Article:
Jayco Jay Feather LGT 25Z

January 1, 2006
Filed under RV & Trailer Reviews, Trailer Reviews

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Fitting nicely into the lightweight, family-friendly category of towable RVs, the Jayco Jay Feather LGT 25Z travel trailer’s 5800-pound gross vehicle weight rating (GVWR) makes it easily towable by many vehicles currently sitting in residential driveways. But don’t let its trim figure fool you. The Jay Feather 25Z may be lightweight, but it’s built with a sturdy backbone. Jayco begins with twin, Torflex independent axles that feature standard 14-inch wheels and ST205/75R radial C-rated tires. The frame (rails and cross members) is built by BAL, a division of Norco Industries and an industry leader in travel-trailer chassis and frames. The longitudinal main rails are designed so that they are stronger at the center of the trailer where the axles are mounted (and where the majority of the weight is loaded) than they are at the end of the rails where less weight is placed. This cuts down on unnecessary weight without compromising structural integrity and durability. This type of chassis/frame is used throughout the Jay Feather line. To achieve the desired chassis/frame length for a specific model, frame modules are added to the front and rear in a process called huck-bolting. In this process, the bolts that secure the sections together are stretched, the nuts are screwed on and the stretched bolts are relaxed.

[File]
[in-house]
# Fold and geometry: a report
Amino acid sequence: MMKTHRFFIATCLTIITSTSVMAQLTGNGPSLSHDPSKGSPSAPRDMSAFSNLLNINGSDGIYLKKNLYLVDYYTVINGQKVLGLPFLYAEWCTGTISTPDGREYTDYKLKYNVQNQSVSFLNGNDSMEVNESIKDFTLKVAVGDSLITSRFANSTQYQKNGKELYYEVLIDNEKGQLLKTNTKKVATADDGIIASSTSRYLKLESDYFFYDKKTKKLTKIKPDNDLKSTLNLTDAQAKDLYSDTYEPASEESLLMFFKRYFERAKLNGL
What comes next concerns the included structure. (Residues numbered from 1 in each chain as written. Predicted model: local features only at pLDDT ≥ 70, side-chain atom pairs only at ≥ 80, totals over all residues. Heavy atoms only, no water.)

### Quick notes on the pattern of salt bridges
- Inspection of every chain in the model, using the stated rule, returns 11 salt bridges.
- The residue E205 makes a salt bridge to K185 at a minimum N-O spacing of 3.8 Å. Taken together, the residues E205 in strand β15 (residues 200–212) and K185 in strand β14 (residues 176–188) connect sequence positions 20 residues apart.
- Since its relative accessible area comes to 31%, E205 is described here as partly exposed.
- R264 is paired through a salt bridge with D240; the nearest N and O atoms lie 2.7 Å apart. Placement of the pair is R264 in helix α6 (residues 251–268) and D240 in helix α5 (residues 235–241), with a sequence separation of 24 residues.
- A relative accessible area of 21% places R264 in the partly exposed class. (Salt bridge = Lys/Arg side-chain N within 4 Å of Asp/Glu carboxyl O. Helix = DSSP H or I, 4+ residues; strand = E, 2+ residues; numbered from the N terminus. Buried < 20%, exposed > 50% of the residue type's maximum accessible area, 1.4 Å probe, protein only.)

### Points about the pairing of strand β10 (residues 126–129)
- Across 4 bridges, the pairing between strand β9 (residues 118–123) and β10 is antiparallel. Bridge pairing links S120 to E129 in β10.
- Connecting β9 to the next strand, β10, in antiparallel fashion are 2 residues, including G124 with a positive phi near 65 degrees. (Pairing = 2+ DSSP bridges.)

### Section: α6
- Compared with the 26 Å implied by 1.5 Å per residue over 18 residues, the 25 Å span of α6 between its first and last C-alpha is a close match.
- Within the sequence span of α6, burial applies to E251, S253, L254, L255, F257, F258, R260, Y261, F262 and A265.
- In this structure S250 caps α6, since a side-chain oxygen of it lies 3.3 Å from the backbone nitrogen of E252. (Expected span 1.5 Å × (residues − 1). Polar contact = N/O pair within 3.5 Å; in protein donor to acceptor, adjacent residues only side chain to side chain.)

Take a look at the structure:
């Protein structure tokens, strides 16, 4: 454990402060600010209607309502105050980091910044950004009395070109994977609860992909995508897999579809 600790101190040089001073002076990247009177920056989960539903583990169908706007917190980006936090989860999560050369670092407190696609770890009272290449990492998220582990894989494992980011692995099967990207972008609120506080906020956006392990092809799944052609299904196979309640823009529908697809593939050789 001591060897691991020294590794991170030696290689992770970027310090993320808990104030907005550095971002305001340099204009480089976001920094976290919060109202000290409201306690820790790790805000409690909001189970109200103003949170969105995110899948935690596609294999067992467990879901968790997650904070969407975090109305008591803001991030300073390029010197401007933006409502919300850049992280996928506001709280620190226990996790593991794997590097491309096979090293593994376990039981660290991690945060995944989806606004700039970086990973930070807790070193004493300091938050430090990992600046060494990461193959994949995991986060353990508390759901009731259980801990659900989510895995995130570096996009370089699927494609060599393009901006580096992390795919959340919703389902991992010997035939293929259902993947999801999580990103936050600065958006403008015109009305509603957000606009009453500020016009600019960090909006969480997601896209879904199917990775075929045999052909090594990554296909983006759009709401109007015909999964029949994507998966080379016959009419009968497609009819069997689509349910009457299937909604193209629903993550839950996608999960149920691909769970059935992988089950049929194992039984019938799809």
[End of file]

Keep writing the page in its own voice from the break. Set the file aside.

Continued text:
This creates an exceptionally strong bond. In fact, this is the same process that is used to build railroad cars and heavy-duty trucks. The underside of the chassis/frame is covered with a single sheet of industrial plastic. This rugged polyethylene provides a shield that protects the underbelly of the chassis from dust and moisture.


A composition of strand board, 2×2-inch wood studs, cut-to-fit foam-core insulation and Luan panel is vacuum laminated, creating a strong floor. On top, vinyl flooring and optional carpeting finishes the job.

The Jay Feather’s walls (sides, front and rear) and roof are all built using tubular aluminum frames, cut foam-block insulation and vinyl-covered Luan interior panels. The exterior is dressed with Filon fiberglass. These individual parts are sandwiched together and vacuum laminated. The walls are set on the perimeter of the floor and secured from the underside using metal screws. The walls are also tied together with metal screws at the corners.